Education Industrial Organizing Network

Who We Are

The North American Education Workers Industrial Union is a part of the Industrial Workers of the World. We work in schools, in day care and learning centers, and on campuses. We teach. We fix equipment. We cook. We order and shelve books. We clean. We research. We tutor. We file and type. We keep computers running smoothly. We do what needs to be done to bring education to the world. We are in the same union.

Currently, we are building local Industrial Union Branches, participating in rank and file activity in business unions, and forming unions. We are organizing to improve our working conditions, and students’ learning conditions, today, and building the sort of union power that can bring about a better world.

Anyone who works in or for an educational institution is an education worker in the IWW’s eyes. Teachers, lecturers, trainers, classroom assistants, nursery staff, admin workers, caretakers, cleaners, porters, librarians, kitchen staff, technicians, ancillary staff, and so on. If you work in the education sector, irrespective of your job, you are an education worker.

Why an industrial union?

There’s currently a plethora of trade union initials in the education sector: the AFT, NEA, UAW, CAUT, and others for teaching and lecturing staff. Then there’s AFSCME, SEIU, UNITE-HERE, CUPE, and others for support and ancillary workers, and all of these trade unions operate separately and sectionally, with members of one union all too often pitted against members of another. Many contemporary unions lack any sort of logical organization, with graduate student workers in unions like the United Auto Workers yet in a completely different union from co-workers in the same workplace.

Added to this is the idea of ‘professionalism’ which falsely sees teachers and lecturers as some kind of middle class elite who are somehow separate from their fellow non-teaching workers. The worst aspects of this kind of ‘professional’ thinking are indicated by some of the more partnership oriented education unions.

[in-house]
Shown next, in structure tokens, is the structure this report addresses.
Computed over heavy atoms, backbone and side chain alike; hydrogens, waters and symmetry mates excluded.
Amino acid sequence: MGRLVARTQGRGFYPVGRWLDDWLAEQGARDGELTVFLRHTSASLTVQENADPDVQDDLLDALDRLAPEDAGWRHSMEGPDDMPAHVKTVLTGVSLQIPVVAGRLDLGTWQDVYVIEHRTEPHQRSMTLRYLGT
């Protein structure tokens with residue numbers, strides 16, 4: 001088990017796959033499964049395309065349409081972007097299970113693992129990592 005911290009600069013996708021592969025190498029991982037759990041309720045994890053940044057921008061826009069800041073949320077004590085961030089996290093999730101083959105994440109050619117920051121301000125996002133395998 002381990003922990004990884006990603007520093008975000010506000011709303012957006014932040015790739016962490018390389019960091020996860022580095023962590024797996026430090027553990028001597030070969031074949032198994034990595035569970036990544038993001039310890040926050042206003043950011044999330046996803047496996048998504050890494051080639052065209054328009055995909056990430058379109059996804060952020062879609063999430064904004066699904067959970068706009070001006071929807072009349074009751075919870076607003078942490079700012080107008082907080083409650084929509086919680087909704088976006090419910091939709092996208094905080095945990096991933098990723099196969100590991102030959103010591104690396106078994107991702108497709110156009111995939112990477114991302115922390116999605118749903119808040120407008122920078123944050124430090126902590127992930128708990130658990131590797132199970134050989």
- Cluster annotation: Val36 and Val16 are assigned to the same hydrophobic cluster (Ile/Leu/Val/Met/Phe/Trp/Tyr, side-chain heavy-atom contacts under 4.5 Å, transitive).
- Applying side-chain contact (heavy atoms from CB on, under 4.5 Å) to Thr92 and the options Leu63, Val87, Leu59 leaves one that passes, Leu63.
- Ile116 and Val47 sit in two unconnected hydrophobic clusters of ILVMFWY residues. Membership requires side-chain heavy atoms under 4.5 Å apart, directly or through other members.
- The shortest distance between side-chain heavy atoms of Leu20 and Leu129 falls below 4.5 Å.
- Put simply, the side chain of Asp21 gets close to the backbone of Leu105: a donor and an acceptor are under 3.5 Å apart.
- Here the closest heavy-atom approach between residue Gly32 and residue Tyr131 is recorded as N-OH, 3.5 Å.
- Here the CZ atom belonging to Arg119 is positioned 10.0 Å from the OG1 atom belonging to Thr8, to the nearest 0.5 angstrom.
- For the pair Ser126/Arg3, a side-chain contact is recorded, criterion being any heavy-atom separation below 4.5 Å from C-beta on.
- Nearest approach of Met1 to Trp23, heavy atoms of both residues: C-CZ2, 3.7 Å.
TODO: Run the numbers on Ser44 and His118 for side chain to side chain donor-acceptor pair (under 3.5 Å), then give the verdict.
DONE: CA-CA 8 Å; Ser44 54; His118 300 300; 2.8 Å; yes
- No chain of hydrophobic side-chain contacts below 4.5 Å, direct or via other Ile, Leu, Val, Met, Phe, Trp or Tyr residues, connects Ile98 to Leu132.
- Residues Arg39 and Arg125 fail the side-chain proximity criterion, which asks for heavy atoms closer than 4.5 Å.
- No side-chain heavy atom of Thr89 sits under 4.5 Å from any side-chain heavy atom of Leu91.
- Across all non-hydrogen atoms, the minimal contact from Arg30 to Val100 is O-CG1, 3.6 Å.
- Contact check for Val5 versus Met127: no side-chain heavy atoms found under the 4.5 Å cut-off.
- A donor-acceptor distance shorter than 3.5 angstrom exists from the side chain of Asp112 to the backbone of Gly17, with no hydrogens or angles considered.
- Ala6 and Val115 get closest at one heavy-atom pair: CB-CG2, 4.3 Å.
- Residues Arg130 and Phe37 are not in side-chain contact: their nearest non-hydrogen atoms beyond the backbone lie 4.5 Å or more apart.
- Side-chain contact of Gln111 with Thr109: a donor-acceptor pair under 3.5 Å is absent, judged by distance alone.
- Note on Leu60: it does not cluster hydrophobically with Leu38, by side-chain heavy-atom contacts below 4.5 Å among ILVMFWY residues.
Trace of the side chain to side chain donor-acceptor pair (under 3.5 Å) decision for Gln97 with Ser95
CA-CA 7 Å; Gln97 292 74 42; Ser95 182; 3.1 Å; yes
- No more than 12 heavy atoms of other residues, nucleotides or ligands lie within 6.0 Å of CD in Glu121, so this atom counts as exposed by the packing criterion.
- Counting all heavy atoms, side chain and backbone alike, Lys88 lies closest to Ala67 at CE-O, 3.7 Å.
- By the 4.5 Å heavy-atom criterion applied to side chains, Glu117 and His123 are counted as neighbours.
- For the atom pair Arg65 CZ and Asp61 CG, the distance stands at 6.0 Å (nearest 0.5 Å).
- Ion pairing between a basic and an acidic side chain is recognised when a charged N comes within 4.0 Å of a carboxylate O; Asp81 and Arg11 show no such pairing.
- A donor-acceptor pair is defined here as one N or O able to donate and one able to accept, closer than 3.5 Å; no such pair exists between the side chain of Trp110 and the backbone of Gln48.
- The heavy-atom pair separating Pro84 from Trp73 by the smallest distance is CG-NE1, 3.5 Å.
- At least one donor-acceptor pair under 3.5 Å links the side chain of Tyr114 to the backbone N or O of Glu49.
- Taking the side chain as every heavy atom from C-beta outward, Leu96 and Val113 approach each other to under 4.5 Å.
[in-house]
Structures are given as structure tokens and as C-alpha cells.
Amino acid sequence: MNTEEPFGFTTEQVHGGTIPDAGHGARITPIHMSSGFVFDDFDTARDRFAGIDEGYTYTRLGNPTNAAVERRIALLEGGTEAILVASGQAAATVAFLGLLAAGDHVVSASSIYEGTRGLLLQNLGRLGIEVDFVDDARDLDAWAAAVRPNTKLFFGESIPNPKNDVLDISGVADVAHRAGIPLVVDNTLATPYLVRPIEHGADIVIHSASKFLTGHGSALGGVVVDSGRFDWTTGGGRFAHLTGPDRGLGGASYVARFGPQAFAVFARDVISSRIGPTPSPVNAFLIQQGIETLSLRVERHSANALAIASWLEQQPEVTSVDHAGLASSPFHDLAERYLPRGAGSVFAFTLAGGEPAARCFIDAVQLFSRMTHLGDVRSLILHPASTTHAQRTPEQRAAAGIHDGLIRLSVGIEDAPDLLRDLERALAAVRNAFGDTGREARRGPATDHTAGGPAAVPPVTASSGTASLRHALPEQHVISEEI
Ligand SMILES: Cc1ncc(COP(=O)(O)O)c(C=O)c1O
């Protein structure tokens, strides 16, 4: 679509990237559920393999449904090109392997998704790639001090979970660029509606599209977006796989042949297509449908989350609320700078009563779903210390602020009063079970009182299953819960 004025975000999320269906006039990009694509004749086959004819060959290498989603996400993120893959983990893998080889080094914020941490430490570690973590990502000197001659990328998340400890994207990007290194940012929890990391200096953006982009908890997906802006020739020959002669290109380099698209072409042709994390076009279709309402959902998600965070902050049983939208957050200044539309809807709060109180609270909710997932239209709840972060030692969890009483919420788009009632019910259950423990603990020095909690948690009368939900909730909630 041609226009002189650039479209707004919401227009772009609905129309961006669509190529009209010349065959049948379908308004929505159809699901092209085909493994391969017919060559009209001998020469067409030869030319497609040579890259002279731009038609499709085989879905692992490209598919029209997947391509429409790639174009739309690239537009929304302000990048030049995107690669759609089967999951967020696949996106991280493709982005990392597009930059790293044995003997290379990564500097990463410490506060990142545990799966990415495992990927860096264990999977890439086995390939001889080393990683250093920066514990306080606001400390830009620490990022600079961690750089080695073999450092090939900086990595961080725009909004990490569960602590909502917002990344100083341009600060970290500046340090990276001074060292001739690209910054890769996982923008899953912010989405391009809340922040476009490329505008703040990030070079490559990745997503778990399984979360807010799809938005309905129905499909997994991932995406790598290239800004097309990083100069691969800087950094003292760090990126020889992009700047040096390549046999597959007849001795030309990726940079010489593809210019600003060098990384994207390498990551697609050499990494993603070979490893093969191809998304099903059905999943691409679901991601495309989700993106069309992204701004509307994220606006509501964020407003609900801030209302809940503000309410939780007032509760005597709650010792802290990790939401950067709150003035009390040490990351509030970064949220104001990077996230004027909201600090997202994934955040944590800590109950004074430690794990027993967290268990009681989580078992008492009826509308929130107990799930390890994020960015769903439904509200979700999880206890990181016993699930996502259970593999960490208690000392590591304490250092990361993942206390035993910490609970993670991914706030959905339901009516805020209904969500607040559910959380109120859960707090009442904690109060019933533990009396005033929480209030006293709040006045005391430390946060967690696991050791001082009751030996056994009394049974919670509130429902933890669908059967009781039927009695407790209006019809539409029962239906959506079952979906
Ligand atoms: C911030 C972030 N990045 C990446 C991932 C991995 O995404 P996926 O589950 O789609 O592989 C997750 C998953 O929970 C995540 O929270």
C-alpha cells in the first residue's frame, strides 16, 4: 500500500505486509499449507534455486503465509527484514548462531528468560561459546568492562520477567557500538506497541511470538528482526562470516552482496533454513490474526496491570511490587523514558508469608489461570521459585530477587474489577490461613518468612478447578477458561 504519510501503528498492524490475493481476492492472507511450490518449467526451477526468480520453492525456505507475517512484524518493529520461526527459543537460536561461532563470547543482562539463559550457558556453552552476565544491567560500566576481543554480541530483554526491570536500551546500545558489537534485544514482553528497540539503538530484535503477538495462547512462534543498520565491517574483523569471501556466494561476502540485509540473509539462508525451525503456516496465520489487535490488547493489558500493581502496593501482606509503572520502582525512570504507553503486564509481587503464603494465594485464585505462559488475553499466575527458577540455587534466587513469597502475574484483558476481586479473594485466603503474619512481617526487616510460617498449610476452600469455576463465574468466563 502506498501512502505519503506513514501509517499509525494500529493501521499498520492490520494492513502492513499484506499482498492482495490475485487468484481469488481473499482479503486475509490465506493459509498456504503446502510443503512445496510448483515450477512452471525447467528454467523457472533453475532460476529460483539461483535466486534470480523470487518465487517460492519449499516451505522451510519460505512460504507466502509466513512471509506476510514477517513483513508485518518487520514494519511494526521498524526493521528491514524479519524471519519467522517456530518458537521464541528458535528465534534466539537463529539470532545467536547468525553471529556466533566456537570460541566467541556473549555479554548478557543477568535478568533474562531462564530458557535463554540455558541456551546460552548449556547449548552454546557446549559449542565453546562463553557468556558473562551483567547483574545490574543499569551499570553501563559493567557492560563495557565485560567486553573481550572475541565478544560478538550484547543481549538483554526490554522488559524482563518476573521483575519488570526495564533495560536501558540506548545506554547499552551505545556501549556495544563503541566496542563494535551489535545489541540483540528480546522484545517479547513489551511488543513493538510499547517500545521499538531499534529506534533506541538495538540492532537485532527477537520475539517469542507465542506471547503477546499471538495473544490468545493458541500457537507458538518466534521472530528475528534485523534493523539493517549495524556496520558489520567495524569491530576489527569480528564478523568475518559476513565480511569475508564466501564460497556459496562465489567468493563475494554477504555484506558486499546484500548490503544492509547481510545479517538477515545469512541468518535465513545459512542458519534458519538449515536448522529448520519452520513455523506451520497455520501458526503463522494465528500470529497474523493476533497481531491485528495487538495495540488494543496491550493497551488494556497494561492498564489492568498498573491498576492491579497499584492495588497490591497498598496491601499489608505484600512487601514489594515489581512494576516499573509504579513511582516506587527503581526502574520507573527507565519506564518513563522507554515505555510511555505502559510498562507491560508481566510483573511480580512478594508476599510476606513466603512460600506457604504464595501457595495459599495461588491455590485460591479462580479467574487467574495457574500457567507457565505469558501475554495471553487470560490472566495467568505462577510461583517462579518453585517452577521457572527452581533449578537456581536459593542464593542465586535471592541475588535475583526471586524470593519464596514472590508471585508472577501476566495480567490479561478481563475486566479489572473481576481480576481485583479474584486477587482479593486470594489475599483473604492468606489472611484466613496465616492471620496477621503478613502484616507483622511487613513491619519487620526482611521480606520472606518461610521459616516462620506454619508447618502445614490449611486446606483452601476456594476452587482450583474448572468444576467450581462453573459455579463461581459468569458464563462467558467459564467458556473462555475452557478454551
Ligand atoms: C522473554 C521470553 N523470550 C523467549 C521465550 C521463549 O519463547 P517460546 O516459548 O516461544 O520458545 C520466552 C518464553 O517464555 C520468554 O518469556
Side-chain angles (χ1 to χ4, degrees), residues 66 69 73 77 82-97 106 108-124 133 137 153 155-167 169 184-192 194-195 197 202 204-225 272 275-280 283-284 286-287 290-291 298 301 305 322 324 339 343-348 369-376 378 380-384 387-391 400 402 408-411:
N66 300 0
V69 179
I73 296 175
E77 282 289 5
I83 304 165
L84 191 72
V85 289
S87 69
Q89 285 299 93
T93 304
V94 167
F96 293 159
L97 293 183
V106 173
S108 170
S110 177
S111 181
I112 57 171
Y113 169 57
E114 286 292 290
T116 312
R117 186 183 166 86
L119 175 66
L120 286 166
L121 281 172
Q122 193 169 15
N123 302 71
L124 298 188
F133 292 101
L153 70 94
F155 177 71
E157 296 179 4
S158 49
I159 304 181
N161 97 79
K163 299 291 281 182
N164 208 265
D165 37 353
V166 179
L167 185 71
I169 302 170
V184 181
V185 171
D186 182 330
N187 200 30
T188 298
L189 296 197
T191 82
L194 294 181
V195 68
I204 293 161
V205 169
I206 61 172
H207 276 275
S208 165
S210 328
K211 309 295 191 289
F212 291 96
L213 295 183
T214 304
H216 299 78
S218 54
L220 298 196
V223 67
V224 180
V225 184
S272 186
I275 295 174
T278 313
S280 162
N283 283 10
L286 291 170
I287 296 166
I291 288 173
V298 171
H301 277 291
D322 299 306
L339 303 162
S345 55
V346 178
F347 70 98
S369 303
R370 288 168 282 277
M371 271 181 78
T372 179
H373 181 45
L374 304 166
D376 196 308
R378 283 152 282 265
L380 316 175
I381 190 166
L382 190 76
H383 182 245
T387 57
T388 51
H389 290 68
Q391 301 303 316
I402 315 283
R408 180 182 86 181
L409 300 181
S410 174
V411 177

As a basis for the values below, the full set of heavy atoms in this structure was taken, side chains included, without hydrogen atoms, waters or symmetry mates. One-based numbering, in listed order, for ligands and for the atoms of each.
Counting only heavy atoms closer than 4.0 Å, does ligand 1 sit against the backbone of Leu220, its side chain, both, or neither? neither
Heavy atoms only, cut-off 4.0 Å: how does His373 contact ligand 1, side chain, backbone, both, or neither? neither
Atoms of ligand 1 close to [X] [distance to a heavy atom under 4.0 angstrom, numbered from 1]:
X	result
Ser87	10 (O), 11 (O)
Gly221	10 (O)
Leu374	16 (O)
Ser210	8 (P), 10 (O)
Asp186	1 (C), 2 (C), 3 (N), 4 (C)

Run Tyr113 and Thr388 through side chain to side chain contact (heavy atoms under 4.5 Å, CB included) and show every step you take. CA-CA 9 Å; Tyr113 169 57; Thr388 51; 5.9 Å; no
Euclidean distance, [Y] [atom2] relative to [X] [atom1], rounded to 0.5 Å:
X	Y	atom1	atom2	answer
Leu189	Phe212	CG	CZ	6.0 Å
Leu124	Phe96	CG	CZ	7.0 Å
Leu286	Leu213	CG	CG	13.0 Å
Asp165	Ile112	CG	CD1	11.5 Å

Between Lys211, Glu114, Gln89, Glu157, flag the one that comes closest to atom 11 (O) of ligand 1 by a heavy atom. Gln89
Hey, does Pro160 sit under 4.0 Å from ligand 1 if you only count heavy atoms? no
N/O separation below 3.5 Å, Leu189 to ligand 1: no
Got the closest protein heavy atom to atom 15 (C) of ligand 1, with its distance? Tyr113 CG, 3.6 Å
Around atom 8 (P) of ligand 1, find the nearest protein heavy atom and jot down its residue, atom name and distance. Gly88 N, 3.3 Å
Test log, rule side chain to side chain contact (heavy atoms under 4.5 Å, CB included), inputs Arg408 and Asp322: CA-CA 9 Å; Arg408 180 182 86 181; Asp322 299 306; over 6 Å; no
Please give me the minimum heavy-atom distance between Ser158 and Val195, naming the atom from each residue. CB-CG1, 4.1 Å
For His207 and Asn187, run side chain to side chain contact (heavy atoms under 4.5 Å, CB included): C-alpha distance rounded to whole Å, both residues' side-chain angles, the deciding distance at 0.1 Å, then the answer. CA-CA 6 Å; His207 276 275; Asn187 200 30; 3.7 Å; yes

The upshot of all this division is, it’s not uncommon to see workers from one union on strike, with other workers advised by their own unions to cross picket lines because their strike takes place on a different day.

This kind of ‘organization’ can only be of benefit to the management, but for education workers, it is a millstone around our necks.

Another set of initials?

No, the IWW is not just another set of initials thrown into the education unions’ alphabet soup. Our aim is to bring all education workers together, whatever your job or professional credentials, whether trade union member or not, into a fighting rank and file organisation. In the IWW, the teacher, the classroom assistant, the cleaner, the caretaker, the admin worker and the cook all stand united as workers.

‘Dual carders’

Since the education sector is one of the most unionised sectors in North American, many IWW education workers operate as a network of workplace militants within the mainstream education unions. As such, the IWW welcomes education workers who are already in another union. Our members are engaged both in independent IWW organising work, and pushing a radical and democratic platform within the mainstream unions.

The state of the union

The Education Workers’ Industrial Union (No. 620) is one of the largest section of the IWW. We have active organizing campaigns and committees in branches around the country and our numbers are growing apace. Our members are involved in organizing at their own workplaces, representing other members at grievance and disciplinary hearings, supporting struggles elsewhere and participating in community-based campaigns.

We remain small, but we are growing in numbers, strength and confidence. This is because a radical, rank-and-file run industrial union for all education workers is both possible and necessary.

Why not join us?


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